The Tampa Bay Rays jumped into the trade deadline fray Wednesday and sent Nathan Eovaldi to the Boston Red Sox for prospect Jalen Beeks. Eovaldi is a pending free agent with overpowering stuff and a medical history that makes him the quintessential boom-or-bust deadline acquisition.
Now the question remains: Are the Rays bold enough to trade Chris Archer to a contender between now and July 31?
The Rays approached the deadline with a focus on moving Eovaldi and fellow short-timers Wilson Ramos, Sergio Romo, Carlos Gomez and Adeiny Hechavarria. Ramos was the clear headline piece until he suffered a pulled hamstring and went on the disabled list right after the All-Star break. But his recovery has progressed ahead of schedule, and he's at the point where he might be ready for a minor league rehab assignment and a return to the Rays' lineup in August. That timetable might be just quick enough to rekindle trade talks over the next few days.
The wild card in the equation is Archer, whose situation is complicated, to put it mildly. The Rays feel obligated to listen to offers because of the haul of young talent Archer would bring. But this feels like a deal more tailored for the offseason, when Erik Neander, Chaim Bloom and Tampa's front office can assess the landscape in a less frenzied environment and entertain offers from more than just a handful of interested parties.
Archer is a bit of a puzzle. He ranks ninth in MLB history (one spot ahead of Nolan Ryan) with an average of 9.73 strikeouts per nine innings. He's a terrific teammate and community ambassador, and no one ever questions his competitiveness. And his contract is always cited as a reason why the Rays want to keep him and potential suitors covet him. He's signed for $6.4 million this year and $7.7 million in 2019, with $9 million and $11 million club options for 2020 and 2021. Those are budget-friendly numbers regardless of a team's bottom line.
But Archer hasn't logged an ERA below 4.00 or a WAR above 2.0 since 2015, and all those swings and misses haven't helped him attain the designation of a bona fide "ace.'' Could his numbers improve in a less daunting environment than the American League East? Most evaluators accept that proposition. But Archer still isn't at the level of CC Sabathia, Cliff Lee, David Price, Justin Verlander and other starters who've had a big impact as midsummer trade acquisitions over the past decade.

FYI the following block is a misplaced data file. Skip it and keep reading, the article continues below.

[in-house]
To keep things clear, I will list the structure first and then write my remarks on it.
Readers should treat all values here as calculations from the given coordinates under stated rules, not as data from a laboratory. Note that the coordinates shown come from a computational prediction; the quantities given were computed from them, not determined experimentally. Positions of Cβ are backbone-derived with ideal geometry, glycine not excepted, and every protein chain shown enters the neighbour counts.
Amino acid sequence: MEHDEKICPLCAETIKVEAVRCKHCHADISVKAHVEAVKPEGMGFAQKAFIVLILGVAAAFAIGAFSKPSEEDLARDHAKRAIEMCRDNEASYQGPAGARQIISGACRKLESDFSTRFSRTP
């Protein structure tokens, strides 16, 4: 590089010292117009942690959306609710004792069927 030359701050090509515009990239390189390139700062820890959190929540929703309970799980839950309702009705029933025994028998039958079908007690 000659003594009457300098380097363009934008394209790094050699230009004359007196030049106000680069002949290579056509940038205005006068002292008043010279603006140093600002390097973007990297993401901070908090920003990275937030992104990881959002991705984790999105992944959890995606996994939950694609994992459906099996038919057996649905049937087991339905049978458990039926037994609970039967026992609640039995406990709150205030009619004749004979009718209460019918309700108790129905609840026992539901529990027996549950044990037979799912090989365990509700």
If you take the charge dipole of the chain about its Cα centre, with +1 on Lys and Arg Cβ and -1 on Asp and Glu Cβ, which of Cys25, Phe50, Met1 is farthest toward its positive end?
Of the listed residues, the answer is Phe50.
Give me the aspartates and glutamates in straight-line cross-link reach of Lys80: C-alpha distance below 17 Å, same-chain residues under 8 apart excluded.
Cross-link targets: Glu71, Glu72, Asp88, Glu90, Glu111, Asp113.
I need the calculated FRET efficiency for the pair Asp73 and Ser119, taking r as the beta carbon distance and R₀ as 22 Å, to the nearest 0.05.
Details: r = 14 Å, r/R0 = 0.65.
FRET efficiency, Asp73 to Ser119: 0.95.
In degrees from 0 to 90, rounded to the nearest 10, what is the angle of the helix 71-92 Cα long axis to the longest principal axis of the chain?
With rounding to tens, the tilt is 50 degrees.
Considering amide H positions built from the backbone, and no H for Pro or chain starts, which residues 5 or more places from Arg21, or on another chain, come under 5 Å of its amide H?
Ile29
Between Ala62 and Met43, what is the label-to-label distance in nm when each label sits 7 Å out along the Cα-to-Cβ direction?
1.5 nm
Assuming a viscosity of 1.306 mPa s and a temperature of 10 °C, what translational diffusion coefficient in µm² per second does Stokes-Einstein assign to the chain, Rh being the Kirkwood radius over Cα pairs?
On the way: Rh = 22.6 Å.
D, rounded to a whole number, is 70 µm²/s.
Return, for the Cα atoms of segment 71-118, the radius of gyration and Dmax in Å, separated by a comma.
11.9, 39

The timing is also less than optimal. Archer just returned from an abdominal injury two weeks ago, and a National League scout estimates that he's at about "80 percent'' right now -- even though Archer struck out 13 hitters and didn't issue a walk in his last outing against the Marlins on Sunday.
"If you're expecting someone to save a season the way Verlander did with the Astros last year, he's not that kind of guy,'' the scout said. "He's stubborn when it comes to pitch selection. But he's such a good competitor, and he's not going to leave anything out there.
"I don't think he's a No. 1 starter, personally -- or a No. 2. It's not about the stuff. But he'll make more mistakes than a No. 1 or 2 can afford to make. He can pitch like a No. 1 on any given day or a No. 5 on any given day. I think he's in the middle of those two spectrums.''
The ultimate question is one of perceived value to Tampa Bay and potential suitors. If the Cleveland Indians had to part with top prospect Francisco Mejia for relievers Brad Hand and Adam Cimber, the Rays can expect a significantly bigger haul for Archer. The chatter will persist, but the reality is he's probably staying put for now.
Marlins have relievers to spare
The Marlins, who have been quiet to this point, have several bullpen pieces with appeal to contending clubs. Kyle Barraclough is the hot name, but some teams are concerned about his lack of command. While Barraclough's stuff is overpowering, he's averaged 11.7 strikeouts and 5.4 walks per nine innings over four seasons in Miami. His command can come and go.
In addition, veteran Brad Ziegler's name has been gaining traction of late. Ziegler has allowed three earned runs over 26 1/3 innings since June 1, and he's looked more comfortable since making a mechanical adjustment to take the strain off his back. He's 38 years old and he pitched effectively in Boston in 2016, so the stress of a pennant race isn't going to faze him. The Seattle Mariners recently placed a call to the Marlins on Ziegler, according to a source.
"It's a different look, and if you're in an extra-inning game, you know you can use him multi-innings,'' said a scout. "And he helps a lot of young kids in the bullpen with his experience. I didn't think they had a chance to move him, but he's really turned it around lately.''